Resilience to bovine TB traced to key genes

Researchers have mapped active and inactive genes in bovine alveolar macrophages (bAM), which play a key role in countering bovine tuberculosis (bTB) infections. The findings of the study, led by scientists at University College Dublin (UCD) in collaboration with The Roslin Institute, are published in Frontiers in Genetics.

In order to map which genes in bAM are active or altered during infection with Mycobacterium bovis, the team investigated all the chemical changes in the chromosomes of infected macrophages. During infection, M. bovis modifies gene activity in macrophages to facilitate survival inside these cells.

“Our study will help to significantly narrow down the genomic regions of interest for breeding programmes to enhance the resilience of cattle to this important disease,” said Professor David MacHugh, UCD.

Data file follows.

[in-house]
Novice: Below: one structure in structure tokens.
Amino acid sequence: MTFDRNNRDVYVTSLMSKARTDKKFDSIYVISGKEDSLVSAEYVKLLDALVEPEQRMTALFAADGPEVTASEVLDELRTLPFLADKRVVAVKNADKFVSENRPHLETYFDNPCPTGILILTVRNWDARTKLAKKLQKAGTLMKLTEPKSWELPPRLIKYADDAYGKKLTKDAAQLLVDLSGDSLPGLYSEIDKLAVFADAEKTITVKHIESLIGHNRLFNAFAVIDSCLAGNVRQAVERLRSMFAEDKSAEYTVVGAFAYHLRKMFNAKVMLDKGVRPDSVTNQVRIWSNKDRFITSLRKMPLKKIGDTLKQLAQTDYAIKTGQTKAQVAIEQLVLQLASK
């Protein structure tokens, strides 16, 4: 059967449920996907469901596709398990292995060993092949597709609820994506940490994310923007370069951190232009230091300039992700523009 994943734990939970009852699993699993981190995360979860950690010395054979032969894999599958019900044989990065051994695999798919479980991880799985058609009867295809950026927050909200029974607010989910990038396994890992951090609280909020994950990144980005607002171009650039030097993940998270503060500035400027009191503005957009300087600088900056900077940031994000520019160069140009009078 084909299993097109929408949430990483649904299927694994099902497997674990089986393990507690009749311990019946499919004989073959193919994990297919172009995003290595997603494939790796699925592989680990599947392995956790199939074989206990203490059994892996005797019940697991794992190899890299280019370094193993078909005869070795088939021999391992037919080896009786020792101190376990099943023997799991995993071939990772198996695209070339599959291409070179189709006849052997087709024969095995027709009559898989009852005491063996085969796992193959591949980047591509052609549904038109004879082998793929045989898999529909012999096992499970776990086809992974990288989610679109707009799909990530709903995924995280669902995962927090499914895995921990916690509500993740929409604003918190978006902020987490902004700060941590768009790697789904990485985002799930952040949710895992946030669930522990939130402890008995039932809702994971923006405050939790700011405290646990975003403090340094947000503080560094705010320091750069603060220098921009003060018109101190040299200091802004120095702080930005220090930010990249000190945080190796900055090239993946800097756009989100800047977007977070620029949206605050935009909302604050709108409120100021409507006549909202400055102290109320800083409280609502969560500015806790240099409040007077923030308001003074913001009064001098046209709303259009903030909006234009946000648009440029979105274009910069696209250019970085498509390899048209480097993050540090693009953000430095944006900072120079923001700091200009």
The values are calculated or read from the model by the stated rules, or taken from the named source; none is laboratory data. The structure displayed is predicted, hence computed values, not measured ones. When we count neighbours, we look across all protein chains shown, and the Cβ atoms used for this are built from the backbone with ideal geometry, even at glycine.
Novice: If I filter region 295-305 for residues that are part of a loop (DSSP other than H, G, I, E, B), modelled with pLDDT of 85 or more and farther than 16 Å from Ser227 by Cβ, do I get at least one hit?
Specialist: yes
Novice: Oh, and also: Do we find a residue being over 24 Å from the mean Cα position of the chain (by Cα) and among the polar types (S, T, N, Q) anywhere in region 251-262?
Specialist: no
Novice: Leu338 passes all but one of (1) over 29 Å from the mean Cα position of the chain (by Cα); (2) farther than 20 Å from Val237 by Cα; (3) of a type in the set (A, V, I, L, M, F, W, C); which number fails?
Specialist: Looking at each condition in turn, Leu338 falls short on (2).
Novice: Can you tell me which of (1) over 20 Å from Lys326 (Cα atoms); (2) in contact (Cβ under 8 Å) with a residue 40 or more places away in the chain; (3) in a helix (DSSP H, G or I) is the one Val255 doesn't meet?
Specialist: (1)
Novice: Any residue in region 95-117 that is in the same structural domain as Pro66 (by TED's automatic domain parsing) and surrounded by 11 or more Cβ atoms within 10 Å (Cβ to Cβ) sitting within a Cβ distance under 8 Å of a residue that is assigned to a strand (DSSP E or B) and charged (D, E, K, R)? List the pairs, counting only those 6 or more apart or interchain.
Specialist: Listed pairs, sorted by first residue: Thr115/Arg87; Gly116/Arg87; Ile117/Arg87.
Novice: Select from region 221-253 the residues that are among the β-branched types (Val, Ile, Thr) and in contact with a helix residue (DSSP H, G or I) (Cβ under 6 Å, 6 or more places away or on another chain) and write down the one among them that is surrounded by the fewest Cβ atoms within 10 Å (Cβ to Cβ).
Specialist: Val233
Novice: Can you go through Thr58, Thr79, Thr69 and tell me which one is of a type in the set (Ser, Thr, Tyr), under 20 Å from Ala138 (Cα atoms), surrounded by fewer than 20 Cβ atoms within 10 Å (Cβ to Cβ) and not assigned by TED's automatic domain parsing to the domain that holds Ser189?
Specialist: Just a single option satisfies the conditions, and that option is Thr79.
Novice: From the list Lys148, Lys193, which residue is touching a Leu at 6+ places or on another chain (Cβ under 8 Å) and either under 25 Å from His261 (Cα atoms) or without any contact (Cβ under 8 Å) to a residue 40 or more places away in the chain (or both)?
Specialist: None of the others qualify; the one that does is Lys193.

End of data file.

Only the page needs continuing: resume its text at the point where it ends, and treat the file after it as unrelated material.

The research work was funded by Science Foundation Ireland (SFI) and by the European Union through the international Functional Annotation of Animal Genomes (FAANG) Initiative.

Article: Hall, T.J., Vernimmen, D., Browne, J.A., Mullen, M.P., Gordon, S.V., MacHugh, D.E., O’Doherty, A.M. (2020). Alveolar Macrophage Chromatin Is Modified to Orchestrate Host Response to Mycobacterium bovis Infection. Frontiers in Genetics, 10:1386. doi: 10.3389/fgene.2019.01386

[SOURCE: University College Dublin]

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